“Not now, not ever.”
Those were the apropos words of Archbishop John C. Wester after the Archdiocese of Santa Fe announced a $121.5 million settlement last week with nearly 400 survivors of sexual abuse.
The settlement, which could never erase the horrible stain of clergy sexual abuse but was nonetheless necessary, is one of the largest clergy sexual abuse cases involving the Catholic Church in the United States, where about 31 Catholic dioceses or archdioceses have filed for bankruptcy as a result of abuse claims.
Accusations of clergy sexual abuse have been a scourge on the Catholic Church for decades, nowhere more so than in New Mexico, where some 80 priests or clergy in the Archdiocese of Santa Fe have been credibly accused of sexual abuse dating back to the 1940s.
Vicar General Rev. Glennon Jones of the archdiocese has said almost all of the accused offenders are dead and can’t be questioned, but given past lawsuits and specifics in the survivors’ claims, “most, if not all, are very credible.”
Court records show the archdiocese sometimes transferred priests to other parishes when accusations of abuse surfaced. That only compounded the crimes.
The Servants of the Paraclete in the Jemez ran a now-defunct treatment center for troubled priests and was accused of furnishing the archdiocese with priests and other clergy who preyed on children and teens.
Burying the evidence no longer appears to be the church’s strategy, based on the contrite and sincere statement Wester issued Thursday.
“This is a sin that cries to heaven for vengeance and which has no place in the Catholic Church: not now, not ever,” the archbishop said.
A key part of the settlement is the disclosure of documents by the archdiocese that will help the public understand how the sexual abuse crisis occurred in New Mexico. The terms of the settlement require the establishment of an “unprecedented” public archive of documents showing how “decades of widespread abuse occurred” in New Mexico. The archdiocese says the document disclosure to the UNM Southwest Special Collections Archive at Zimmerman Library is “unprecedented across the country.”
“It is highly significant that documents are included in such a massive way to be made available to everyone who wants to read them,” said Terence McKiernan, president of the nonprofit BishopAccountability.org. “I feel the documents are absolutely a huge victory for transparency and accountability.”
The bankruptcy reorganization plan is the result of years of legal wrangling that effectively halted more than three dozens civil lawsuits in state court that led to the Archdiocese of Santa Fe filing for bankruptcy on Dec. 3, 2018. The lawsuits alleged clergy sexual abuse of children and negligence by church hierarchy in handling complaints.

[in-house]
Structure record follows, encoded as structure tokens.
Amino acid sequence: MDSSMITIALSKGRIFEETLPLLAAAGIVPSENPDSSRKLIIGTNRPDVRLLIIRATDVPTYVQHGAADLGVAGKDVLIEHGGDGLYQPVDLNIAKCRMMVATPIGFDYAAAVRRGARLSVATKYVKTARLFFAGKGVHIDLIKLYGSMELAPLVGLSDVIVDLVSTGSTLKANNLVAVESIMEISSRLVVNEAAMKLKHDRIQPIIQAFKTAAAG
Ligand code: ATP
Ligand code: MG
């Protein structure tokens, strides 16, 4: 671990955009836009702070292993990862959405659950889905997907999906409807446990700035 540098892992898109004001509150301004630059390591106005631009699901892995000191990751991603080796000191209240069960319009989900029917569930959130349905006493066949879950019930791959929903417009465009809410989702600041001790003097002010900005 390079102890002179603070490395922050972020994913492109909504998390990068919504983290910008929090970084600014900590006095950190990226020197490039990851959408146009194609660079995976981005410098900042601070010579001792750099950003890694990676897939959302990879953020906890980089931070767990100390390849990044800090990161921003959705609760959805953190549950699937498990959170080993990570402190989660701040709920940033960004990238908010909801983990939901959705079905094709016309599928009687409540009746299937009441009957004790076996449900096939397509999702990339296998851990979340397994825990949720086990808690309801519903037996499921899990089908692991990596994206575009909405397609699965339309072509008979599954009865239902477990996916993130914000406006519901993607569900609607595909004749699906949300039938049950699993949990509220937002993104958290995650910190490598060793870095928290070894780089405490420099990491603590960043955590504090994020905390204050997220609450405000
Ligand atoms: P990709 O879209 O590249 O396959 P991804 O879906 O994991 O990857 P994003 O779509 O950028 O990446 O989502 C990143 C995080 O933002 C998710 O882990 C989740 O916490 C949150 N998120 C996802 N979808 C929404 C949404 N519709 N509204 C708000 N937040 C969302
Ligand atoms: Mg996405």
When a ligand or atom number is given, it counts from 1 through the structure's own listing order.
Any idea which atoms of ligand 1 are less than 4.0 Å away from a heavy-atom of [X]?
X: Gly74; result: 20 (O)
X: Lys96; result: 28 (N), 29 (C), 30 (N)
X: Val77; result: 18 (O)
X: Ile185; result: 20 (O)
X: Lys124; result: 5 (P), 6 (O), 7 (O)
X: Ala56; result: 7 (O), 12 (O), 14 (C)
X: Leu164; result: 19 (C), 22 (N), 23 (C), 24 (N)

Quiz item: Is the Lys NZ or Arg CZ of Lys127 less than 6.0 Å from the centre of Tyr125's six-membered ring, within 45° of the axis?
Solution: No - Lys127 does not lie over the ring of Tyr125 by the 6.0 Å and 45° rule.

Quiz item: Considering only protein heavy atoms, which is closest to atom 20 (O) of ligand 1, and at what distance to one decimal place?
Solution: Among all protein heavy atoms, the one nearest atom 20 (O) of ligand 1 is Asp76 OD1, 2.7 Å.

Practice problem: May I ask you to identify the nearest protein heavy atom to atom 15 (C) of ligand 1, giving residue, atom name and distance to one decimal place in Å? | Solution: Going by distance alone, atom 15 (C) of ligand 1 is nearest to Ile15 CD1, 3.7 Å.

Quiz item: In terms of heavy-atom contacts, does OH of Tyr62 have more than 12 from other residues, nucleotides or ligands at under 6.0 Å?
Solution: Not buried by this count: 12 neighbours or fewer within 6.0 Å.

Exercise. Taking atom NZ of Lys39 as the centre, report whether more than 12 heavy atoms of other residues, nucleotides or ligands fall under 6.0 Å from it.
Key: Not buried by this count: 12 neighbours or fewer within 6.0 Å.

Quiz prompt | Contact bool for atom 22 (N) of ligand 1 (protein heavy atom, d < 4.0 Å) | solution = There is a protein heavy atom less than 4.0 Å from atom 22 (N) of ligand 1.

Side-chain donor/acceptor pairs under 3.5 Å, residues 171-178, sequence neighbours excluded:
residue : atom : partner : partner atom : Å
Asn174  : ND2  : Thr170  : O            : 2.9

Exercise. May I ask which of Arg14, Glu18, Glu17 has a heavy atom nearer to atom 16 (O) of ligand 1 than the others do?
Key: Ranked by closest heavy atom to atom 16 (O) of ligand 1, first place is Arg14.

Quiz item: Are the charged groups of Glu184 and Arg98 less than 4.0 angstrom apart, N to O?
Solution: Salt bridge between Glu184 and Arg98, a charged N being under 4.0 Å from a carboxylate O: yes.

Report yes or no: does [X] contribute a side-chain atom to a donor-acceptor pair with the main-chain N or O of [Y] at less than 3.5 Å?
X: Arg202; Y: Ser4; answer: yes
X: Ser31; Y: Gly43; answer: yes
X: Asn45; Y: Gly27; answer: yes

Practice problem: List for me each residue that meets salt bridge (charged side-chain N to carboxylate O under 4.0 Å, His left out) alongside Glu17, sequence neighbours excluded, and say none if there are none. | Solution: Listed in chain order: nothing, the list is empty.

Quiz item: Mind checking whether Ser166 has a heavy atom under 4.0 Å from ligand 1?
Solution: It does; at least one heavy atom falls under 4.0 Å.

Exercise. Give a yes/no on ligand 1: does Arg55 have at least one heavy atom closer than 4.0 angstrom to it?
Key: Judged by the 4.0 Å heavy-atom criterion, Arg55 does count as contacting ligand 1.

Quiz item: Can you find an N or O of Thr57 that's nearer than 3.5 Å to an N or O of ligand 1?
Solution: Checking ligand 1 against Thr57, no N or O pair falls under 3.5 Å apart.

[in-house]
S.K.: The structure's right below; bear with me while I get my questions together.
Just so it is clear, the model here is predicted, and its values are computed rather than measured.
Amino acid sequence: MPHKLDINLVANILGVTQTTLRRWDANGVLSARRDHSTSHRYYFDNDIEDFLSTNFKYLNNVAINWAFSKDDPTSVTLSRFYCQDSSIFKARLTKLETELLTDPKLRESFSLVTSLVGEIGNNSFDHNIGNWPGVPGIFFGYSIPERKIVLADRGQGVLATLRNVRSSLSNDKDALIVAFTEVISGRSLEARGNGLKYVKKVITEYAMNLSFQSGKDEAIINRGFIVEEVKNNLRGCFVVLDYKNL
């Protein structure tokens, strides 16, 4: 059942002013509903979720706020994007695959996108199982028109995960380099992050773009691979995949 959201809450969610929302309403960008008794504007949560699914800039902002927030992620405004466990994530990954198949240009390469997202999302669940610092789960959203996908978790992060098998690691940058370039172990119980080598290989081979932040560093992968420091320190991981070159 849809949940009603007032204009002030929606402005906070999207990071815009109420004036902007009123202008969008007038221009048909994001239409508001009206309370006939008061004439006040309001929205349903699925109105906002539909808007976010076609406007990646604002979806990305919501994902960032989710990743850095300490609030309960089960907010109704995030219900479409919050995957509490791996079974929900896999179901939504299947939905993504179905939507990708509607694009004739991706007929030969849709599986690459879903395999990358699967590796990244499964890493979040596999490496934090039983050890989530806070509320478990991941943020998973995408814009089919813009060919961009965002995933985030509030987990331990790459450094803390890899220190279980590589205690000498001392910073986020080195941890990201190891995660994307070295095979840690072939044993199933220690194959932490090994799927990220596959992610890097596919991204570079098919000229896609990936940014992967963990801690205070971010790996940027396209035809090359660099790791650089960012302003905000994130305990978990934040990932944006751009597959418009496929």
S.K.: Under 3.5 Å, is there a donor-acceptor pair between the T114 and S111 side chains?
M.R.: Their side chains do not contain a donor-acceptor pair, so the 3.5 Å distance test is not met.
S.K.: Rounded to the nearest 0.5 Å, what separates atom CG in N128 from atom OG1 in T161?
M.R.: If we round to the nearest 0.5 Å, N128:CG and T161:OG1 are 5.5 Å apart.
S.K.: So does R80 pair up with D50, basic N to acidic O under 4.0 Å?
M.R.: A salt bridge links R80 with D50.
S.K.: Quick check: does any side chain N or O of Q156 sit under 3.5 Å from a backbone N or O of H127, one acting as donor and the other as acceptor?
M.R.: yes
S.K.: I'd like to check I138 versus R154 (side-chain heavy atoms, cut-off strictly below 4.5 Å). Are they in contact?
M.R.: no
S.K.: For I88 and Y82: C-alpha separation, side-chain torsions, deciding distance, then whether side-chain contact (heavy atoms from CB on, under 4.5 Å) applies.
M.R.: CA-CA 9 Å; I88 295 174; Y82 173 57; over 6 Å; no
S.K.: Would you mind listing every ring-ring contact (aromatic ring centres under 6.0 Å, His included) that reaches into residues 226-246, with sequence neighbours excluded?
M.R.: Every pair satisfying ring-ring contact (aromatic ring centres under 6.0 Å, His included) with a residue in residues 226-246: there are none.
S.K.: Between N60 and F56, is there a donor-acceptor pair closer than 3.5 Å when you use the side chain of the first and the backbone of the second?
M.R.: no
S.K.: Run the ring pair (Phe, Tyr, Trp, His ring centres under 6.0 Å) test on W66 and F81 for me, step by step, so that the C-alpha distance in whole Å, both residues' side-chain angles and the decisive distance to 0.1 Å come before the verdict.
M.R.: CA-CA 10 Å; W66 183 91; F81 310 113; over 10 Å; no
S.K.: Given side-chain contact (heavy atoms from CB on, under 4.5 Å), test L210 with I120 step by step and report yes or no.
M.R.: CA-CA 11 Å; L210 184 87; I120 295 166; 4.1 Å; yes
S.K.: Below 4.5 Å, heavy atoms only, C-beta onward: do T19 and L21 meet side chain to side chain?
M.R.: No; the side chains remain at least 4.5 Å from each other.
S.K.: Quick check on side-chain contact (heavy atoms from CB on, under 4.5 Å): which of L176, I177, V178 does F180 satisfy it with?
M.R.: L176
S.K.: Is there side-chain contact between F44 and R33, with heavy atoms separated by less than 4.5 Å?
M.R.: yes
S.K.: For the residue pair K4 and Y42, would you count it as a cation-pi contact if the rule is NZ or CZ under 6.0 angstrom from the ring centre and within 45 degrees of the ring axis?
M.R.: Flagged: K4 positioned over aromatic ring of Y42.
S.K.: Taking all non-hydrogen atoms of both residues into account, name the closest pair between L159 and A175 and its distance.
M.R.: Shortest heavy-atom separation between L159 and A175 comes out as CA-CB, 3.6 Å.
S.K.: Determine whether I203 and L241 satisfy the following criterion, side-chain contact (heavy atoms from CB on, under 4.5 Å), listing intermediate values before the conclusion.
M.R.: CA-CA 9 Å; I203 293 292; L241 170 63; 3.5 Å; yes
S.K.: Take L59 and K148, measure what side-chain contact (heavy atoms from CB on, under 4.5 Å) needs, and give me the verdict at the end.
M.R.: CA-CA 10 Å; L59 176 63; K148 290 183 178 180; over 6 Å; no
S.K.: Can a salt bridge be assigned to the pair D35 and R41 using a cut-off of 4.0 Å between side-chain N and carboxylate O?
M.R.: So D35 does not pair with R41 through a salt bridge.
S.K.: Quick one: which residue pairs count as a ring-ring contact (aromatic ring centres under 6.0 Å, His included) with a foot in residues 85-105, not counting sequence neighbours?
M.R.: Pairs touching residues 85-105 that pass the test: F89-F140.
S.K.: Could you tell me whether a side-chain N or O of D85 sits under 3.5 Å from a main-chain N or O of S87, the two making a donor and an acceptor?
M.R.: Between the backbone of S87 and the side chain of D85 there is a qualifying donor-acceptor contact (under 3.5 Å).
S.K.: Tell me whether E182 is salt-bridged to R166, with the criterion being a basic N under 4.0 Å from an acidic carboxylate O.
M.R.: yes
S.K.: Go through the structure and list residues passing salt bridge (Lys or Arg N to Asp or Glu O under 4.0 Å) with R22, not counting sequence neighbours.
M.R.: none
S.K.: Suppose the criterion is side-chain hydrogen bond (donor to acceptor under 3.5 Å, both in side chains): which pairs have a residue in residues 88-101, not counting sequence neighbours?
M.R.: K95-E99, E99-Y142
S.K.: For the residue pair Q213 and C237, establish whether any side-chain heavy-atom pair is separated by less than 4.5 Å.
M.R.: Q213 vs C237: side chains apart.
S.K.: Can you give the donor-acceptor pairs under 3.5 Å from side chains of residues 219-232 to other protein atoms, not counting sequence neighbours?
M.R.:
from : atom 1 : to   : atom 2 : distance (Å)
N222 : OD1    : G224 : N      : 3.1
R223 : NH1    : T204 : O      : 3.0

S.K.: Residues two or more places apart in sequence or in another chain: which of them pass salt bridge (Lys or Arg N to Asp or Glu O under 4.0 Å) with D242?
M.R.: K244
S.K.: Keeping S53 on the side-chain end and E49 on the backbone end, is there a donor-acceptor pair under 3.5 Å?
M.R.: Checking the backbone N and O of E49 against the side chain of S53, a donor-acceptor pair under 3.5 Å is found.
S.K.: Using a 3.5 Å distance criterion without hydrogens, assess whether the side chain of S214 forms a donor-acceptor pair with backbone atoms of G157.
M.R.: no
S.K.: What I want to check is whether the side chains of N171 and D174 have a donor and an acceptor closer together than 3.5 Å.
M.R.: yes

According to Archdiocese attorney Thomas Walker, all but seven of the 376 survivor claimants cast ballots in favor of the settlement plan.
Payouts to survivors could begin in months. Tragically, some of those children who suffered sexual abuse are no longer alive, having committed suicide.
“As for the actual survivors, it is our hope that some small compensation, however inadequate it might feel like to some of them, will help with a sense of closure and some accountability,” said Albuquerque attorney Brad Hall.
There is also a recommendation for the archdiocese to set up a $2.5 million separate fund to pay future claims.
Wester expressed his “most profound sorrow and contrition for those who have endured clergy sexual abuse,” and said the archdiocese has put safeguards in place to prevent future abuse. Those safeguards include making prompt responses to allegations of abuse, cooperating with authorities and disciplining offenders, “all the while maintaining our zero tolerance for clergy sexual abuse and any other abuse of children and young people.”
Zero tolerance, indeed, is the right path forward, as well as transparency.
Wester added the archdiocese would publicize more details of the agreement in the weeks ahead, “since it is our desire to assure everyone that the Archdiocese of Santa Fe has learned from past errors and is solidly on board to maintain a safe environment for children and young people …”
The archdiocese encourages anyone who was sexually abused as a child or who knows about sexual abuse of a minor to report it immediately to authorities and to the Archbishop of Santa Fe through the Archdiocesan Victim Assistance Coordinator at (505) 831-8144, or at firstname.lastname@example.org.
After decades of denial, the Archdiocese of Santa Fe has taken the accusations head-on and addressed them, while keeping the archdiocese solvent.
The Archdiocese sold numerous properties, including Wester’s house on Albuquerque’s West Side, to come up with the settlement amount. Aided by contributions from its parishes, the archdiocese will put up $75 million toward the settlement fund, with insurance companies paying $46.5 million. The archdiocese also took out a mortgage on the Cathedral Basilica of St. Francis of Assisi in Santa Fe.
Wester’s words are encouraging because they appear to grasp the gravity of the scandal and provide the church a viable path forward in its mission.
“While I hope and pray that the bankruptcy outcome will bring a measure of justice and relief to the victims of clergy sexual abuse, I realize that nothing can ever compensate them for the criminal and horrendous abuse they endured,” the archbishop said. “I pledge that the Archdiocese of Santa Fe will remain vigilant in protecting children and young people from clergy sexual abuse, doing all we can to assure them of a safe and protective environment in the Catholic Church.”
Let’s hope Wester is correct that similar abuse and coverups will never occur again.
This editorial first appeared in the Albuquerque Journal. It was written by members of the editorial board and is unsigned as it represents the opinion of the newspaper rather than the writers.